Resumes Are About Substance Over Form

Most of my ideas for articles come directly from interaction with clients and candidates. Either they have an issue they are dealing with or they ask for advice on a particular topic. I then take those issues and topics and write an article.

Recently a candidate mentioned that she was on her third or fourth revision of her resume. She said, “Every time I meet with someone they have a different recommendation.” She would then change her resume. After reviewing all three side-by-side, the content wasn’t dramatically different but the format was. It seems that most of the comments were on format. The people talking to her all gave her advice on the format they preferred. Few discussed the content, beyond wordsmithing it or moving a bullet point from A to B.

They were all concerned about the wrong thing. A resume is not FORM OVER SUBSTANCE. It is  SUBSTANCE OVER FORM. Granted, there are some basics to a resume form that need to be adhered to. I have written other articles on this, and our job search workbook (This Is NOT The Position I Accepted) goes into great detail, including 5 examples of problem resumes, illustrating why they are poor and probably ended up in the trash.

I believe there is only one unacceptable resume and that is the functional resume. I advise all candidates to never use one. For me, and many other recruiters, it screams out “I’m hiding something.” Other than that, stick to the basics in the book or what I have discussed and you will be fine.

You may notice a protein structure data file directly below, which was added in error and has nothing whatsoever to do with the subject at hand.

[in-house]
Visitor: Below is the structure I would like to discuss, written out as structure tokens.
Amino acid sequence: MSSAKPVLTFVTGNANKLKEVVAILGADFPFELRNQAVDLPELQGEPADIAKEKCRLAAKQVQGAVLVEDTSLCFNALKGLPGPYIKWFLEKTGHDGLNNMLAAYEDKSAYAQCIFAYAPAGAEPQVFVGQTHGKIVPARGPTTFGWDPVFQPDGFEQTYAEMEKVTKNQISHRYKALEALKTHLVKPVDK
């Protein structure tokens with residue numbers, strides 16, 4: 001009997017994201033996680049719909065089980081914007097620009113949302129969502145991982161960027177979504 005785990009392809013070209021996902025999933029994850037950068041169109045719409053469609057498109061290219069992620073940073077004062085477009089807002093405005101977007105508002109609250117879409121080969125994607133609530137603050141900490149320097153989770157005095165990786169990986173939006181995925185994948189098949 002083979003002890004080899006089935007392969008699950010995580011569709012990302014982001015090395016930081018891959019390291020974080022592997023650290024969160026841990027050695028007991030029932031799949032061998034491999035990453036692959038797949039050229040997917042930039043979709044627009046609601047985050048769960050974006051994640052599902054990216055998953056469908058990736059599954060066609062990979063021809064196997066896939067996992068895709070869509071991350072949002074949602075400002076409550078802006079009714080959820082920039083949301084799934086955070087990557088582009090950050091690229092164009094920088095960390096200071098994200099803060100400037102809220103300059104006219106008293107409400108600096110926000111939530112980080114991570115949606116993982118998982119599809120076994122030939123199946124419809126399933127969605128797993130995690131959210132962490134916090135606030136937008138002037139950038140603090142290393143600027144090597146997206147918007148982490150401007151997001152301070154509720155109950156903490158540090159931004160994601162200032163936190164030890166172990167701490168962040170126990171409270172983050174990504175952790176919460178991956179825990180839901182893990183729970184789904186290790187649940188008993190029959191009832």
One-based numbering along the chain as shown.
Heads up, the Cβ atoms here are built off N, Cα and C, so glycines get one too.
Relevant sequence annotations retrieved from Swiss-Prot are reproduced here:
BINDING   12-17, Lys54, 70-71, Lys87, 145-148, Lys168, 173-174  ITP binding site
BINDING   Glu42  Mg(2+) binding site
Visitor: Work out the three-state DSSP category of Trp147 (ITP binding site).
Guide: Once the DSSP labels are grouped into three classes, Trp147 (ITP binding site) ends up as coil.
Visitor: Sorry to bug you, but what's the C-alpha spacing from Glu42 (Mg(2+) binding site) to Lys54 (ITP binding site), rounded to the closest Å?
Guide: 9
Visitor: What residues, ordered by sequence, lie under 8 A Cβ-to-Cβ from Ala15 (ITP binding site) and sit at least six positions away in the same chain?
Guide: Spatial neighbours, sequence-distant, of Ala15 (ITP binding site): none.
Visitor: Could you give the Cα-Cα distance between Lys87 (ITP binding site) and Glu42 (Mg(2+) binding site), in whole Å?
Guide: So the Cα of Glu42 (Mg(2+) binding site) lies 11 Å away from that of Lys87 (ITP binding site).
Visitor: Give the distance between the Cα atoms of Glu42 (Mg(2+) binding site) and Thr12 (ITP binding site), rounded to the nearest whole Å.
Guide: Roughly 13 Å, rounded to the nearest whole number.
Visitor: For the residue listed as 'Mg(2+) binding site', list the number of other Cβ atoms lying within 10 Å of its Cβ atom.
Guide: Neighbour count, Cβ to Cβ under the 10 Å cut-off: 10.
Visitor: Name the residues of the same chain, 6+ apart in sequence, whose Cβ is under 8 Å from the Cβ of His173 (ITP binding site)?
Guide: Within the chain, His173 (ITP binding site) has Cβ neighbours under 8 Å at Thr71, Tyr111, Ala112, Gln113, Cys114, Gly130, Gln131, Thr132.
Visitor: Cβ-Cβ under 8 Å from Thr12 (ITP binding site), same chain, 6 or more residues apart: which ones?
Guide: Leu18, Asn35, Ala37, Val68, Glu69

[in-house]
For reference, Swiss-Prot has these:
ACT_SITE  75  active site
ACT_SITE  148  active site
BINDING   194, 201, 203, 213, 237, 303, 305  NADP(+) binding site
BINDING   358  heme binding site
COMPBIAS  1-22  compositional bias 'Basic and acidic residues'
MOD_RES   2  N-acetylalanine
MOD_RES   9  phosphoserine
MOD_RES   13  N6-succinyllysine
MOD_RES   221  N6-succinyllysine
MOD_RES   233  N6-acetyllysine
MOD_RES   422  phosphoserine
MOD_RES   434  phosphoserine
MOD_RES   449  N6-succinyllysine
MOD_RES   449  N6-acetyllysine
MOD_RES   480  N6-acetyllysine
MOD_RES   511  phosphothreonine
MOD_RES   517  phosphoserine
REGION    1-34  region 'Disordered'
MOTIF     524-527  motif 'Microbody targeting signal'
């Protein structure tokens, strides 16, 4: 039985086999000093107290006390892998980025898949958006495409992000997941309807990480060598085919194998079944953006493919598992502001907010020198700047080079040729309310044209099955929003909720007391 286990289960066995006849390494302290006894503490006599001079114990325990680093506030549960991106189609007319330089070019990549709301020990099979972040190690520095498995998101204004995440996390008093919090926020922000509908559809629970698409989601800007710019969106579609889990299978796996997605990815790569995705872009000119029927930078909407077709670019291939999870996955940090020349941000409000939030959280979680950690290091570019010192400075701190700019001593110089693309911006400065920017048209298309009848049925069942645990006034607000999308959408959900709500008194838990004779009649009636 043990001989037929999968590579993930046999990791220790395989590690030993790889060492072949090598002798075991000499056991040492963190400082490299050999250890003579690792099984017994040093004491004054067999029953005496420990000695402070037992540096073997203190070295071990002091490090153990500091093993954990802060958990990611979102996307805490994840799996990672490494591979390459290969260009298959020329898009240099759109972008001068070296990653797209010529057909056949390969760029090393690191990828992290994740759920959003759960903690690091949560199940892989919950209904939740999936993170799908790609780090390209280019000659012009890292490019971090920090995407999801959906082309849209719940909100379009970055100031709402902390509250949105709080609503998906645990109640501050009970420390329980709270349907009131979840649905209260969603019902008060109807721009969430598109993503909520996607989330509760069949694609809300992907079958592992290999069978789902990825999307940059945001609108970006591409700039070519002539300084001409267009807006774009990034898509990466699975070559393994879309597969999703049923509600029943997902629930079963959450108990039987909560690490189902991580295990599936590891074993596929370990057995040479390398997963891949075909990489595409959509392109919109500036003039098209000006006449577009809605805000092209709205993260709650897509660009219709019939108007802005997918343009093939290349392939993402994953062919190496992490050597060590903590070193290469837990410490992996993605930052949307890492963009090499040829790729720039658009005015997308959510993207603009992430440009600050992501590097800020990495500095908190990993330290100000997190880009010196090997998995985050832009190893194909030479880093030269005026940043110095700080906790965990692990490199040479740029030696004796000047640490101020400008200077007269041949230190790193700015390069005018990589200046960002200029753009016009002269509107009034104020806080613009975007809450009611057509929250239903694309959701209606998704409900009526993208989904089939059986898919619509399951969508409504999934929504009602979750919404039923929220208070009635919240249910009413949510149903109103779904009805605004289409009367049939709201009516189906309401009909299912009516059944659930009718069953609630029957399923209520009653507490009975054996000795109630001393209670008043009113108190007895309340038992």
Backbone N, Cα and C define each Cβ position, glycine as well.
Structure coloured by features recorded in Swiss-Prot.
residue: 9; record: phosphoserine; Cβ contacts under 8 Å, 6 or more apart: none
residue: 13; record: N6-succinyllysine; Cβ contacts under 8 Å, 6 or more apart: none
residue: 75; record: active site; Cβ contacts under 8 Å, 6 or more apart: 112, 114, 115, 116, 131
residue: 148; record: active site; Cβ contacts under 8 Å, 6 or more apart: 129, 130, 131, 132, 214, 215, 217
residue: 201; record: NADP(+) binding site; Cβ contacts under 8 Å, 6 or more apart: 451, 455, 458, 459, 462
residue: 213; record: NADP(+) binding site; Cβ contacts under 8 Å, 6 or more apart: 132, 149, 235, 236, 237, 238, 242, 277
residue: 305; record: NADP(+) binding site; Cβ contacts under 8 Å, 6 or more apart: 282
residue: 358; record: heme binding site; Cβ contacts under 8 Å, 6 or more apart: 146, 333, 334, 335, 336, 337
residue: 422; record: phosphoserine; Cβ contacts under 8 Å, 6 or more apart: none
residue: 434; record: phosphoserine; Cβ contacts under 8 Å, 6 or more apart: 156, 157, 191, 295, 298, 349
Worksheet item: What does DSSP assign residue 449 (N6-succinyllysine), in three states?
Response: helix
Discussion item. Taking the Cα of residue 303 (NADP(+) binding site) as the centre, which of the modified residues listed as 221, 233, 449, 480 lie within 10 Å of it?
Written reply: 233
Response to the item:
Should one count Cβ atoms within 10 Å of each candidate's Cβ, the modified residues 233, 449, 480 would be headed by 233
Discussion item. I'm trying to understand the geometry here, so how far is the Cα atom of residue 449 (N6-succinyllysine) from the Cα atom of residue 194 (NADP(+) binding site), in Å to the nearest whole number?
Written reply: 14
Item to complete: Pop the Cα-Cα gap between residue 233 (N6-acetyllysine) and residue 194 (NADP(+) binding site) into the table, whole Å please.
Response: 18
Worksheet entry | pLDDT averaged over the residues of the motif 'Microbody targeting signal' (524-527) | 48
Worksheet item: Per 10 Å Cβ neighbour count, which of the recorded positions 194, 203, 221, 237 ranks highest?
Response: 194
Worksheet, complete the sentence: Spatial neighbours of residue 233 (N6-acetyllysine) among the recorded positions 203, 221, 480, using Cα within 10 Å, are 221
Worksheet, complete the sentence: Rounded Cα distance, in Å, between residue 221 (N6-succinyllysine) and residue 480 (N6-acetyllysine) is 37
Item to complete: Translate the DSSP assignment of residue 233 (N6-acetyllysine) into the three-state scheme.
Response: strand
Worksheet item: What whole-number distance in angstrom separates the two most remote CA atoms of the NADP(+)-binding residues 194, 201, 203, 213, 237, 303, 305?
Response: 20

As a recruiter, I am looking at the content not the form. I’m interested in my client and finding that exceptional person for the position. For me, that gets to the content or substance of the resume.

I’m looking for:

1) Are the basic box checking kind of things my client insists on present? For example, location, function, industry, size of company, scope or responsibility, education, span of control etc.  (For more read, How Recruiters Read Resumes In Less Than 10 Seconds).

2) Is the  vital information included on the resume enough for me to make a decision? (CLICK HERE to watch a 4 minute video on Vital Information Missing From Most Resumes).

3) How does the person’s background align with my company’s needs?

4) Does this person’s bullet points or accomplishments dovetail, or at least focus around, what my client is seeking?

5) Does the candidate’s track record of accomplishments show growth and increase with their increase in responsibility?

These are all substantive issues. As long as I can easily read the resume and quickly capture these points I don’t care about the format.

I wish more candidates would spend less time on format and more time on accomplishments and provide the vital information recruiters, HR, and hiring managers need to make a decision about their qualifications for a position.

If this article was helpful to you, please pass it along so others can benefit as you did. Consider adding the link on Facebook or your LinkedIn status,  write a tweet on Twitter, email it to friends or to your network. Helping others is the key to networking.

Our LinkedIn Job Search Networking group is FREE to join and has over 3,500 members. There is a wealth of excellent information there to help you in your job search. CLICK HERE to join.

I welcome your thoughts and comment on this article.

Brad Remillard


About the Author

Brad Remillard is a founding Partner of IMPACT Hiring Solutions, co-author of "You're NOT the Person I Hired", and "This is NOT the Position I Accepted". Brad is an award-winning international speaker, retained executive recruiter, and expert on hiring and retaining top talent, and executive job search.


  • By snapwebsolutions, June 8, 2010 @ 7:08 pm

    It is definitely true that resumes should always be about substance over form. It is what is in the inside that counts.

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